In the case where the one or more thermosetting reactive compounds comprise aromatic polyi socyanates, it is preferred that the aromatic polyisocyanates, and preferably the aromatic diiso cyanates, comprise one or more compounds selected from the group consisting of 2,4-toluene diisocyanate, 2,6-toluene diisocyanate, 4,4'-diphenylmethane diisocyanate, 2,4'- diphenylmethane diisocyanate, 2,2'-diphenylmethane diisocyanate, 1,5-naphthylene diisocya nate (NDI), 3,3'-dimethyl diphenyl diisocyanate, 1,2-diphenylethane diisocyanate, p-phenylene diisocyanate (PPDI), and mixtures of two or more thereof, preferably from the group consisting of 2,4- toluene diisocyanate (2,4-TDI), 2,6-toluene diisocyanate (2,6-TDI), 4,4'-diphenylmethane diisocyanate (4,4’-MDI), 2,4'-diphenylmethane diisocyanate (2,4’-MDI), 2,2'-diphenylmethane diisocyanate (2,2’-MDI), crude MDI obtained in the preparation of MDI, and mixtures of two or more thereof, more preferably from the group consisting of 4,4'-diphenylmethane diisocyanate, 2,4'-diphenylmethane diisocyanate, 2,2'-diphenylmethane diisocyanate, and mixtures of two or more thereof (mixtures of the isomers 4,4'-, 2,4'- and 2,2'-diphenylmethane diisocyanate are also referred to as monomeric diphenylmethane or MMDI), wherein more preferably the aro matic polyisocyanates, and preferably the aromatic diisocyanates, comprise a mixture of 4,4'- diphenylmethane diisocyanate, 2,4'-diphenylmethane diisocyanate, and 2,2'-diphenylmethane diisocyanate, wherein more preferably the aromatic polyisocyanates, and preferably the aro matic diisocyanates, consist of a mixture of 4,4'-diphenylmethane diisocyanate, 2,4'- diphenylmethane diisocyanate, and 2,2'-diphenylmethane diisocyanate.

In the case where the one or more thermosetting reactive compounds comprise polyisocya nates, it is preferred that the polyisocyanates comprise modified polyisocyanates, preferably modified organic polyisocyanates, and more preferably modified organic polyisocyanates con taining one or more ester, urea, biuret, allophanate, carbodiimide, isocyanurate, uretdione, car bamate and/or urethane groups.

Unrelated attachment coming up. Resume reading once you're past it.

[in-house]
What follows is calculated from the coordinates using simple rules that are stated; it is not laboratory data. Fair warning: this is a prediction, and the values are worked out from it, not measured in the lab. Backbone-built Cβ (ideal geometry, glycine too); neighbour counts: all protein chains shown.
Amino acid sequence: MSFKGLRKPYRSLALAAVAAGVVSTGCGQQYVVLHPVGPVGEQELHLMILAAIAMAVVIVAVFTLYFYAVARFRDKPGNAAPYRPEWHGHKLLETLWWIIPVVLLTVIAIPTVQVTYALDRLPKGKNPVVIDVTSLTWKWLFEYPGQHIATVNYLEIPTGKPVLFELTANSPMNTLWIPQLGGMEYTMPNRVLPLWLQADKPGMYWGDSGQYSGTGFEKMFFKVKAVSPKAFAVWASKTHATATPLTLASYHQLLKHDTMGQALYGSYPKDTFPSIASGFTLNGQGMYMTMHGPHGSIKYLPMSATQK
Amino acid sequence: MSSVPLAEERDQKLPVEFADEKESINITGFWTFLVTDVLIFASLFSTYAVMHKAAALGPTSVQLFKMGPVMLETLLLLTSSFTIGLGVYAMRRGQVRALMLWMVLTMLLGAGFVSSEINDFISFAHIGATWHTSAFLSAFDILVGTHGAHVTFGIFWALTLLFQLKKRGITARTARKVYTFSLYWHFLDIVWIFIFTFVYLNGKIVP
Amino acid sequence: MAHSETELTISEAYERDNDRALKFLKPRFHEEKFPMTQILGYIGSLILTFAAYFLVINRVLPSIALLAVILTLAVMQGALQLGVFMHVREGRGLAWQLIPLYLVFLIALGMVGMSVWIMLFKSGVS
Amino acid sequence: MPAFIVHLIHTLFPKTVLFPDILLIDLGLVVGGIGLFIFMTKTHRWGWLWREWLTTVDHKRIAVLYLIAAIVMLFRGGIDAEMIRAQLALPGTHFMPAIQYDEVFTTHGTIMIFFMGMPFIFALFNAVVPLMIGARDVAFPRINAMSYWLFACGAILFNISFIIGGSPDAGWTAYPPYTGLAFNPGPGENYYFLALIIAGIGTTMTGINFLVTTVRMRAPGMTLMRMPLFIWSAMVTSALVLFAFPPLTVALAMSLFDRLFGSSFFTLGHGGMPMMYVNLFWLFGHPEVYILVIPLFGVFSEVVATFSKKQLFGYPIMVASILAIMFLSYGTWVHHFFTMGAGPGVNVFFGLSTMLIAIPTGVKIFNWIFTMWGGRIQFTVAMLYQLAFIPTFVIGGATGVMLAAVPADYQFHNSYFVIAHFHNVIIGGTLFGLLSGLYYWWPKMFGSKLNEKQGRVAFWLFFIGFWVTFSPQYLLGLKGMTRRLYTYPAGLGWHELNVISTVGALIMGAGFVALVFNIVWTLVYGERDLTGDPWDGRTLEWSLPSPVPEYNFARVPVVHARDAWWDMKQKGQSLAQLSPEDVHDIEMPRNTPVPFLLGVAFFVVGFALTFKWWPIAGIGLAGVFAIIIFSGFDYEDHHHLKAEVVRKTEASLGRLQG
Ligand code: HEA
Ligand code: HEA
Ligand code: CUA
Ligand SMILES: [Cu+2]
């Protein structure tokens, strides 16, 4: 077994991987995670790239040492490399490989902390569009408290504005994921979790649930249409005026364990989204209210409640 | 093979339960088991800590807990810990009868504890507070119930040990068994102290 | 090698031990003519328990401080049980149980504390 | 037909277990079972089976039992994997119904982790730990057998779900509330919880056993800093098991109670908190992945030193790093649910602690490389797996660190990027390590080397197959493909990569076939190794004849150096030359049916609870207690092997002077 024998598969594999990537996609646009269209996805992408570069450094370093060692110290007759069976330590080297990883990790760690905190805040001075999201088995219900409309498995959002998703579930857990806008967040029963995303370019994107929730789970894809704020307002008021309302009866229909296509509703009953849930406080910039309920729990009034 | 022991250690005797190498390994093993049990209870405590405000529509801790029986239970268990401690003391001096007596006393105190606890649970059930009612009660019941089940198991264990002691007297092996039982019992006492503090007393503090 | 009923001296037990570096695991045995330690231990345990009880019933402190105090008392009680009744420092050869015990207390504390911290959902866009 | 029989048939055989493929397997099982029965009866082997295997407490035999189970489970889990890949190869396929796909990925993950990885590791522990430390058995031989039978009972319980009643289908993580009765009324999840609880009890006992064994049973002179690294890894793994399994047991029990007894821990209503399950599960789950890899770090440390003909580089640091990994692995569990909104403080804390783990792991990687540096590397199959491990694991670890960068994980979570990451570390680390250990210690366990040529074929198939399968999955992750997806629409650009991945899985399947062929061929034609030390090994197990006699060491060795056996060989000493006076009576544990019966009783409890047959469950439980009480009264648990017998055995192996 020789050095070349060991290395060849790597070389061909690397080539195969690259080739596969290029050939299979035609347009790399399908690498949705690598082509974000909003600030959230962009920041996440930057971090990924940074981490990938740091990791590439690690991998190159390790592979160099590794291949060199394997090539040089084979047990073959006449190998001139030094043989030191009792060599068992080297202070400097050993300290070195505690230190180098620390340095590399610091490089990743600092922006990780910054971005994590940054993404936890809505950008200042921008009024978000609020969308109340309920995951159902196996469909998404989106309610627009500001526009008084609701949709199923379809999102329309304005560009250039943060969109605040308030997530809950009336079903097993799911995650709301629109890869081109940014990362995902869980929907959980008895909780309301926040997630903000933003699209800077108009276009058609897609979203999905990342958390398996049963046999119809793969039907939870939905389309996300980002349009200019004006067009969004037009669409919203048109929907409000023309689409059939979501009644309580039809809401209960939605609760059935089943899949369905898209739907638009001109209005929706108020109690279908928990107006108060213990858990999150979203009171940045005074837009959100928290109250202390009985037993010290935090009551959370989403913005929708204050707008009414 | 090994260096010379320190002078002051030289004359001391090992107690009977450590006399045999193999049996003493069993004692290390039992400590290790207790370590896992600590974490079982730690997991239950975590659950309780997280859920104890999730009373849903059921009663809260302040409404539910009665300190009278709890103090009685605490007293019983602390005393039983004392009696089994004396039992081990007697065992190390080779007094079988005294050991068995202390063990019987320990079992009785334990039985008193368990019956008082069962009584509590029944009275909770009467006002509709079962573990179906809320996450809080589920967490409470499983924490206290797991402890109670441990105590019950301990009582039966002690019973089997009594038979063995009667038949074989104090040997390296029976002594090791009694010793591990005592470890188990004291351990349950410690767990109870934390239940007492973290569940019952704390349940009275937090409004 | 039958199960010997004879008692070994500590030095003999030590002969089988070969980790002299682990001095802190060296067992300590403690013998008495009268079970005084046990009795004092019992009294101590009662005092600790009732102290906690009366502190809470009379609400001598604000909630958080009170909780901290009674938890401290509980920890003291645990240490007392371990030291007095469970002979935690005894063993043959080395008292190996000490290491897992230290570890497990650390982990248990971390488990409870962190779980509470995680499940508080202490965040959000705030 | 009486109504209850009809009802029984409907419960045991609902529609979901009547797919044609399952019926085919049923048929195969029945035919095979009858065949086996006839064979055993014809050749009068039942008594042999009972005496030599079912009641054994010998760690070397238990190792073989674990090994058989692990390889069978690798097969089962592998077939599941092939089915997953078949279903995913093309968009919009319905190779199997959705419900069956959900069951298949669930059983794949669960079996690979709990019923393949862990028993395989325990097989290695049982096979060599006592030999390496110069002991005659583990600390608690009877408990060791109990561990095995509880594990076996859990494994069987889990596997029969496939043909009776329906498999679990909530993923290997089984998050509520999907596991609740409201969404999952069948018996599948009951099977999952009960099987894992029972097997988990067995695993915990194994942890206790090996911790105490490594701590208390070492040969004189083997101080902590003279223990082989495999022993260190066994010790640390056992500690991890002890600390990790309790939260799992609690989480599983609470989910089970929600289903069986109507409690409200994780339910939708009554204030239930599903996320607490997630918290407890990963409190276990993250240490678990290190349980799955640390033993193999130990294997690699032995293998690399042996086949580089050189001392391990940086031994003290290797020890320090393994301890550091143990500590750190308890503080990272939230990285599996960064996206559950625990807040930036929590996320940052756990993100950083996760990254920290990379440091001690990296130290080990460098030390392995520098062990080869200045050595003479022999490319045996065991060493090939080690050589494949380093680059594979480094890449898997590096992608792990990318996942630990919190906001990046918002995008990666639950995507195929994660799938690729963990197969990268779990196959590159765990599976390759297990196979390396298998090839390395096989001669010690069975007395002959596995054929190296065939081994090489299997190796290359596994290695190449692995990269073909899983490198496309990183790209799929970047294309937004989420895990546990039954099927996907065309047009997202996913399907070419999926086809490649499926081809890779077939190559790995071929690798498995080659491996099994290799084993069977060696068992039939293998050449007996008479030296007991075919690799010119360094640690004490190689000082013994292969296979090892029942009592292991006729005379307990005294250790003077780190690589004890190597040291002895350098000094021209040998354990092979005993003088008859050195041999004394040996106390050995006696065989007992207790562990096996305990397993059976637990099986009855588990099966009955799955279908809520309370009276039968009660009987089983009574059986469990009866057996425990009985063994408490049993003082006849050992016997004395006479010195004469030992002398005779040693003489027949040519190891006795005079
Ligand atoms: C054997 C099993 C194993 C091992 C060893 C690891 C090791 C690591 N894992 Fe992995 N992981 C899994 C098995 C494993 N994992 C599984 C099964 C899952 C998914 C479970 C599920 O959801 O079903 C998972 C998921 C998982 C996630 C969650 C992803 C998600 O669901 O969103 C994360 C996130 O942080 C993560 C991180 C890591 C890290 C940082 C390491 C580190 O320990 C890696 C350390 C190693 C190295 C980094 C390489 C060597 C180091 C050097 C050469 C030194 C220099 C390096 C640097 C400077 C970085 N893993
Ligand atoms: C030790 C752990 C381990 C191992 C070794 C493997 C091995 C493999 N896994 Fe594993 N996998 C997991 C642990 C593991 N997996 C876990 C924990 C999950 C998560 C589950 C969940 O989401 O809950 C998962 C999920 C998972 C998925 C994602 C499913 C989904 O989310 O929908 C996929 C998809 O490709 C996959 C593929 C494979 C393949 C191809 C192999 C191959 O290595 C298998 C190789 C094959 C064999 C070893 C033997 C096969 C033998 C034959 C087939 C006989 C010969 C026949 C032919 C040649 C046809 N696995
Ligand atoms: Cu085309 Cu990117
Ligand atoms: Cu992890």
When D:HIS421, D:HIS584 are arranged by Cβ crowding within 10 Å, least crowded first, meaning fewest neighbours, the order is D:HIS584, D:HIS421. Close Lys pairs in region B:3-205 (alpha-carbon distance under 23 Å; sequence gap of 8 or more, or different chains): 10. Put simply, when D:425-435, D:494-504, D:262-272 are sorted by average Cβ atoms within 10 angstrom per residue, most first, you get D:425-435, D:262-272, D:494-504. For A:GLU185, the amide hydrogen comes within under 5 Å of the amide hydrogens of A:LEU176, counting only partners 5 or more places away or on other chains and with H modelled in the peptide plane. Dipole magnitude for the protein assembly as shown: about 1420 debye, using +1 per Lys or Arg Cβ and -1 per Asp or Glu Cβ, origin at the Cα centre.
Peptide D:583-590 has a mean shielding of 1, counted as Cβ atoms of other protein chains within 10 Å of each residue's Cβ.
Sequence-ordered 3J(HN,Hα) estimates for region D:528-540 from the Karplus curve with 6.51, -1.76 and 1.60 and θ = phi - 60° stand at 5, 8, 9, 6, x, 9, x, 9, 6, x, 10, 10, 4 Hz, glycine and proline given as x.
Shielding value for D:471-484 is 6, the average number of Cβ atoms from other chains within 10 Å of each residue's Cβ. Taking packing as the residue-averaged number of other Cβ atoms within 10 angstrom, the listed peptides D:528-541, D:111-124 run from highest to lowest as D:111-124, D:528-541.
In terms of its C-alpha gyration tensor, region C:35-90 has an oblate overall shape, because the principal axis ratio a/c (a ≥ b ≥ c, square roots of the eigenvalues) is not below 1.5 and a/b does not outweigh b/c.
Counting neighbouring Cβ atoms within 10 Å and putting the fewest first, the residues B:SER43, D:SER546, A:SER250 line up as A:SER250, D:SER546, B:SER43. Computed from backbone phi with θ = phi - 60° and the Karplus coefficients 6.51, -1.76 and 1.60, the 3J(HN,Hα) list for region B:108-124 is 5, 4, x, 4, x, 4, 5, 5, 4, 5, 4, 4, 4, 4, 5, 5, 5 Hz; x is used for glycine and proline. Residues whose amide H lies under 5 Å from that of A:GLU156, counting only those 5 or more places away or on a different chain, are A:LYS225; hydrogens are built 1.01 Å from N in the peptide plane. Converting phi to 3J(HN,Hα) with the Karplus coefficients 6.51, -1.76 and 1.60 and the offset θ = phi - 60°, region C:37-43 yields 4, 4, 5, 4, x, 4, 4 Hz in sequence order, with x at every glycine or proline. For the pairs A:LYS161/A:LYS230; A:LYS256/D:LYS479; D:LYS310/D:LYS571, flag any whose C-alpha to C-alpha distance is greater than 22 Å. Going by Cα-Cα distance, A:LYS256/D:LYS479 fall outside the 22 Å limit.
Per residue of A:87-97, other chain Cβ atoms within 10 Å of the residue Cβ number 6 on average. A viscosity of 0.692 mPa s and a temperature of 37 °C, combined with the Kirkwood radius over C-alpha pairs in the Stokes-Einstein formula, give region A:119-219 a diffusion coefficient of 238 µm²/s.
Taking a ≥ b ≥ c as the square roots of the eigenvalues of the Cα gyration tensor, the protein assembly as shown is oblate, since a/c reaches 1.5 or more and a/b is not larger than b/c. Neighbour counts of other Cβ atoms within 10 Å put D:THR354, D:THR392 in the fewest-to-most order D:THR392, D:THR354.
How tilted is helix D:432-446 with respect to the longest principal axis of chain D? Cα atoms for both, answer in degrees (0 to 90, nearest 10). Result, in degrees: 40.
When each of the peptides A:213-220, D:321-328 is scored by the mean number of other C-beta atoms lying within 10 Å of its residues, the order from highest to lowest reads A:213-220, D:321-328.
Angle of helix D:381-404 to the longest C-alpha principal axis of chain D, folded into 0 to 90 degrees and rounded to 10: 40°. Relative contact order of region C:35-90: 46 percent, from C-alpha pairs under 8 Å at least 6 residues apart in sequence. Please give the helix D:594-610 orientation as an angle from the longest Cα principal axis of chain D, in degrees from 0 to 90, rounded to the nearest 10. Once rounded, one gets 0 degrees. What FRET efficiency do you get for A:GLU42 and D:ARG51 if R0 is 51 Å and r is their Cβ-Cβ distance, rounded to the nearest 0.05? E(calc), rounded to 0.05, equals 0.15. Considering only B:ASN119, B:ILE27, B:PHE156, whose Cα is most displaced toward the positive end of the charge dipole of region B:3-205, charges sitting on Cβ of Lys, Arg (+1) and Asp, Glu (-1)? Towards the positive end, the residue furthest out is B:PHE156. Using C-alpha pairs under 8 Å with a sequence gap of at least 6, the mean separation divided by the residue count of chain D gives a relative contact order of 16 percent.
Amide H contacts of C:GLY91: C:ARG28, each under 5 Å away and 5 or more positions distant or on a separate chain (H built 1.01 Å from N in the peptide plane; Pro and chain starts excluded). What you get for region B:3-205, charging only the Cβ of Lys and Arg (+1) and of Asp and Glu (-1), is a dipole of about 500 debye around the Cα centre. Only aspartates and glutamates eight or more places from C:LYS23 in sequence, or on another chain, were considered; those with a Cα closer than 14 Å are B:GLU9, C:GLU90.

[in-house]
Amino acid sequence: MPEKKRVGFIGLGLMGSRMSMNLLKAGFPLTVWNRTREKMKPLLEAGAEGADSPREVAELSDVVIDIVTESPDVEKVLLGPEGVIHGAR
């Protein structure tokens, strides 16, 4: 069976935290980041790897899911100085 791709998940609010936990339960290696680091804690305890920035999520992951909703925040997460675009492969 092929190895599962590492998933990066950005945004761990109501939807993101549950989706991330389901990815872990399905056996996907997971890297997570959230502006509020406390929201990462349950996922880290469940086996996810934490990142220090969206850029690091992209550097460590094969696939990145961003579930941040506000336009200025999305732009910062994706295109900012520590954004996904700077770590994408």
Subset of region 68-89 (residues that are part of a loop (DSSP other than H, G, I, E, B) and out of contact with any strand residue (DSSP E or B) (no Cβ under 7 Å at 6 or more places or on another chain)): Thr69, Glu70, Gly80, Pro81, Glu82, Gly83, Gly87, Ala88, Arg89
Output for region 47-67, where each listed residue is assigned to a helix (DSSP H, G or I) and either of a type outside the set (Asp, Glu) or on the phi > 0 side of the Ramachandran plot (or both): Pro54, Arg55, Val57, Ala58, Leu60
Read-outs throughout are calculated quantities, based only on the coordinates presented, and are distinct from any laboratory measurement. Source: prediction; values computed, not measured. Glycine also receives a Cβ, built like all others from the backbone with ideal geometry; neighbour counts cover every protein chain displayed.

In the case where the one or more thermosetting reactive compounds comprise oligomeric ar omatic polyisocyanates, it is preferred that the oligomeric aromatic polyisocyanates comprise one or more compounds selected from the group consisting of polyphenylpolymethylene polyi socyanates, polyphenylpolyethylene polyisocyanates, and mixtures of two or more thereof, preferably from the group consisting of one or more polymethylene polyphenylisocyanates, pol yethylene polyphenylisocyanates, and mixtures of two or more thereof, wherein more preferably the aromatic polyisocyanates comprise one or more polymethylene polyphenylisocyanates, wherein more preferably the aromatic polyisocyanates consist of one or more polymethylene polyphenylisocyanates.

In the case where the one or more thermosetting reactive compounds comprise oligomeric ar omatic polyisocyanates, it is preferred that the oligomeric aromatic polyisocyanates comprise one or more oligomers consisting of higher-core homologues of one or more of 4,4'- diphenylmethane diisocyanate, 2,4'-diphenylmethane diisocyanate, and 2,2'-diphenylmethane diisocyanate, wherein the higher-core homologues have at least 3 aromatic nuclei and a func tionality of at least 3.

In the case where the one or more thermosetting reactive compounds comprise one or more compounds selected from the group consisting of polyisocyanates, epoxy resins, melamine formaldehyde resins, and mixtures of two or more thereof, it is preferred that the one or more thermosetting reactive compounds is polymeric MDI and the total amount of 4,4’-MDI in the pol ymeric MDI is in the range of from 26 to 98 wt.-% based on 100 wt.-% of the one or more ther mosetting reactive compounds, preferably in the range of from 30 to 95 wt.-%, and more prefer ably in the range of from 35 to 92 wt.-%.

In the case where the one or more thermosetting reactive compounds comprise one or more compounds selected from the group consisting of polyisocyanates, epoxy resins, melamine formaldehyde resins, and mixtures of two or more thereof, it is preferred that the one or more thermosetting reactive compounds is polymeric MDI and the 2 rings content of polymeric MDI is in the range of from 20 to 62%, more preferably in the range of from 26 to 48 wt.-%, and most preferably in the range of from 26 to 48% based on 100 wt.-% of the polymeric MDI.